The principle behind polygamy—simply referred to as "The Principle" on Big Love—is the belief that the family you have in the temporal world is with you in the "Celestial Kingdom," the highest and most blessed plane of the afterlife, and that it is one's moral obligation to grow the temporal family as much as possible in order to obtain a more blessed afterlife. Hence, all of the difficulties faced by the Henrickson clan in maintaining and growing their family—and the pursuit of a family structure abhorrent to secularists because of its basis in an egregious paternalism and patriarchal imperative—are undertaken in the name of an arcane religious doctrine that I'm fairly certain seems not just odd to the HBO demographic, but actively delusional and quasi-insane. Which, I would argue, is where the series develops its subtle irony—dramatic irony, as it were, as the audience watches Bill et al subject themselves to a host of difficulties for reasons they find, at the very least, unnecessary.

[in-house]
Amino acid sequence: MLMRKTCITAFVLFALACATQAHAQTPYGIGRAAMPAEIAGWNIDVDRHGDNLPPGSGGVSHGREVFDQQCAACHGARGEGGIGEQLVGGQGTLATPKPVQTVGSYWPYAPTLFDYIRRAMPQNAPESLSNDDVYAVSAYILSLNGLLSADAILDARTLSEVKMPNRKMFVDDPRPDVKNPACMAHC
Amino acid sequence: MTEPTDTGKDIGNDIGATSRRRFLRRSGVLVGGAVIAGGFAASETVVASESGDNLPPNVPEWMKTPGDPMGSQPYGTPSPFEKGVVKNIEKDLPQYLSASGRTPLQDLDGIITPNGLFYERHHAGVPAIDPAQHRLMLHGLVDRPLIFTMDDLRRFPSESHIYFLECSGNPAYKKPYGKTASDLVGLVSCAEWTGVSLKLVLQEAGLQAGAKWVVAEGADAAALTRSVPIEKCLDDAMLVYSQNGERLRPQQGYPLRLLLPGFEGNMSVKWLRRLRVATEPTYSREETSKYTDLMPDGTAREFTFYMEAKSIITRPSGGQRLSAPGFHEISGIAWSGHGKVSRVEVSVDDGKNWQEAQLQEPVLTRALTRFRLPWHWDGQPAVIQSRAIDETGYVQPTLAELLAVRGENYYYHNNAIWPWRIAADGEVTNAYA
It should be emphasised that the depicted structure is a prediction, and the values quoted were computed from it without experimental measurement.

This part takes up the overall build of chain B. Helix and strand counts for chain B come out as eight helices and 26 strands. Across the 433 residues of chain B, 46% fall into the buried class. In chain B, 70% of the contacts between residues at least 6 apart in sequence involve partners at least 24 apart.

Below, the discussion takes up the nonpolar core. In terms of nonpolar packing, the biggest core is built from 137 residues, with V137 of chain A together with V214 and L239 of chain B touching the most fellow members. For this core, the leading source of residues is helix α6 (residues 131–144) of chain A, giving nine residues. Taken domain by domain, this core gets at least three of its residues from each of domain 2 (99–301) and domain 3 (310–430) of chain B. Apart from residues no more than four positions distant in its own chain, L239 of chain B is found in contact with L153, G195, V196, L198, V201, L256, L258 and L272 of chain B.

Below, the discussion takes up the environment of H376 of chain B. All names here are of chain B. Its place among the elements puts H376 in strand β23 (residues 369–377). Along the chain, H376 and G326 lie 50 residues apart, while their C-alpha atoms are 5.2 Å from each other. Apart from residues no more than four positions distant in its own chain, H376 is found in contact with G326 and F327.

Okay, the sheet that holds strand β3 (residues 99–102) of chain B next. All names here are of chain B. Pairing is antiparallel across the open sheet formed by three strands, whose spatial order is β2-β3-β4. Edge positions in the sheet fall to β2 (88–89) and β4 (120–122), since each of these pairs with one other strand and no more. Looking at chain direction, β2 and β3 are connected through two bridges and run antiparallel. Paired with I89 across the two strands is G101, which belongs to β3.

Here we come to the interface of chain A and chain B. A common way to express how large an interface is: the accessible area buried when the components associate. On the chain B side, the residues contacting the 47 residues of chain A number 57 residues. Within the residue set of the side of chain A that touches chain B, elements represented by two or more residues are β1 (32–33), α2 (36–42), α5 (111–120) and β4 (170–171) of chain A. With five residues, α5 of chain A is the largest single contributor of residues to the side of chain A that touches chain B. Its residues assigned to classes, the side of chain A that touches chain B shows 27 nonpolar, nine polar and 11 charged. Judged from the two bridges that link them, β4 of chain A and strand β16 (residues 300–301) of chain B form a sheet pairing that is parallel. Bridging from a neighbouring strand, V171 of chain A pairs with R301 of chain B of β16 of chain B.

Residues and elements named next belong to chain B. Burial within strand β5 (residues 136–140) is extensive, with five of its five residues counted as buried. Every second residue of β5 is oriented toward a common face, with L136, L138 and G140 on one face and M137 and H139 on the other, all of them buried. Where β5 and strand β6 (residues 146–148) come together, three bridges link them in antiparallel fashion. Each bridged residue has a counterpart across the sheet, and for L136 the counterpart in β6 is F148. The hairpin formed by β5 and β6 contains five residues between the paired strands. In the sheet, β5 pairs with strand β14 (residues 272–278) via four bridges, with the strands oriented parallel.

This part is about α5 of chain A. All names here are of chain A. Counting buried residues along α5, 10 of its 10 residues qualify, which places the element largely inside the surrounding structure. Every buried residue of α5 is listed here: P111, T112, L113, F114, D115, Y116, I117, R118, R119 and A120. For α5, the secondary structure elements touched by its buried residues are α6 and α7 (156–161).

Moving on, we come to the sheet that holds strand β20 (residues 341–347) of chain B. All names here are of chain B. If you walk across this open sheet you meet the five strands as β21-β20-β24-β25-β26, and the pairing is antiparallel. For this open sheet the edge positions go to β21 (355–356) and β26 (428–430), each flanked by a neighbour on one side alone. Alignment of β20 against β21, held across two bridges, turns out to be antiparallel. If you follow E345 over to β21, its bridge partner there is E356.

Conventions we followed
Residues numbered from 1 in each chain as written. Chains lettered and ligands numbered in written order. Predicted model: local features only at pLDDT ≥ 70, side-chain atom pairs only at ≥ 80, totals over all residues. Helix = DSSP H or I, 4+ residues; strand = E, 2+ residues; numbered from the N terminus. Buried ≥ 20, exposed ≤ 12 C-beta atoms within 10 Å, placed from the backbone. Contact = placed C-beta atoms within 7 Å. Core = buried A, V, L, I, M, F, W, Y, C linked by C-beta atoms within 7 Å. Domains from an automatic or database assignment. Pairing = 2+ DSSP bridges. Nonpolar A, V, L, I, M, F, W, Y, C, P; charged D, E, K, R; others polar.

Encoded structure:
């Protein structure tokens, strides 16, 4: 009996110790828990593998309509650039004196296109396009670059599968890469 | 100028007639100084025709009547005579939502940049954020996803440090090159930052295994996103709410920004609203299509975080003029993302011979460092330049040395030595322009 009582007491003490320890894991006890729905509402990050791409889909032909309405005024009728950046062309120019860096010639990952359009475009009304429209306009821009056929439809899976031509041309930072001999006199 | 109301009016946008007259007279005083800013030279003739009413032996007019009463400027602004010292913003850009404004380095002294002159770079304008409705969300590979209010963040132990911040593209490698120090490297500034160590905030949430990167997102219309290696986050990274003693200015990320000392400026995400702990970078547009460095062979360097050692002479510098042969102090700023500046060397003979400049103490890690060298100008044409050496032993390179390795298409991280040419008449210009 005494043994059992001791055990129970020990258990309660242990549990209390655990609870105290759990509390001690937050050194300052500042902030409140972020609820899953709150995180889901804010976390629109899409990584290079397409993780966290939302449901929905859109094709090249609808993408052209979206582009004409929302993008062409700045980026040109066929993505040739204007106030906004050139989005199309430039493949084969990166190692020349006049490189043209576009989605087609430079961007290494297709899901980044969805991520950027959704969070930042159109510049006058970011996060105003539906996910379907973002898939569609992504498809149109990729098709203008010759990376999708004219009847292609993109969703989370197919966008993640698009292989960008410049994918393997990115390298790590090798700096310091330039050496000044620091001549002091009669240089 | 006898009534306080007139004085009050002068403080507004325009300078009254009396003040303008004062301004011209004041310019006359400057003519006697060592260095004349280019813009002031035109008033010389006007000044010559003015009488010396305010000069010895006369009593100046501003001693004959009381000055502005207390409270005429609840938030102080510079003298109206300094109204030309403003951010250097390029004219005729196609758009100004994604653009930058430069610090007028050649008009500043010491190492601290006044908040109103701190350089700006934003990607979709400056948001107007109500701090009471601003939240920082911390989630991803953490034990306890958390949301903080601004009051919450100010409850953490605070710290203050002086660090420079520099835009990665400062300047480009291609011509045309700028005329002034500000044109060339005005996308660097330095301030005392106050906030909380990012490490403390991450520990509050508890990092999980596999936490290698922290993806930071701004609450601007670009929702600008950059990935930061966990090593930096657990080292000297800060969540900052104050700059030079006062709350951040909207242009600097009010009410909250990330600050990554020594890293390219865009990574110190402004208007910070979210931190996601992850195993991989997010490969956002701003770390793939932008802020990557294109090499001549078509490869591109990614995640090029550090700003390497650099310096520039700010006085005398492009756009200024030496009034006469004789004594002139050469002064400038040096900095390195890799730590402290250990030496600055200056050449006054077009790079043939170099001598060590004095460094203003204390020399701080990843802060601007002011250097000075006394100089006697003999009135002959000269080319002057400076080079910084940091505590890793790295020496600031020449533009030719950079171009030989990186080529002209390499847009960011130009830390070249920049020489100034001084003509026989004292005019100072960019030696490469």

The insularity of the world depicted on Big Love also contributes, I believe, to its dramatic appeal to a largely secular audience. Though not harping on this point, both the polygamists and the mainstream Mormons make it clear that those not baptized into the LDS Church are damned—or at least definitively excluded from eternal joy in the Celestial Kingdom. Hence, though we may find the Henricksons endearing, we have little reason to be sympathetic to an exclusive religious doctrine that so emphatically shuts out not just non-Christians and non-believers, but the vast majority of Christians as well. The incursions of secular perspectives are few and far between, and were the show to consistently stage the conflict as between religion and secularism, I certainly know I would find it a lot more difficult to sympathize with the Henricksons and their fellow-travellers. To put it simply, I'd have a dog in the hunt, whereas in its current form I find myself sufficiently outside the show's context to be at once more objective and also more emotionally involved with the main characters.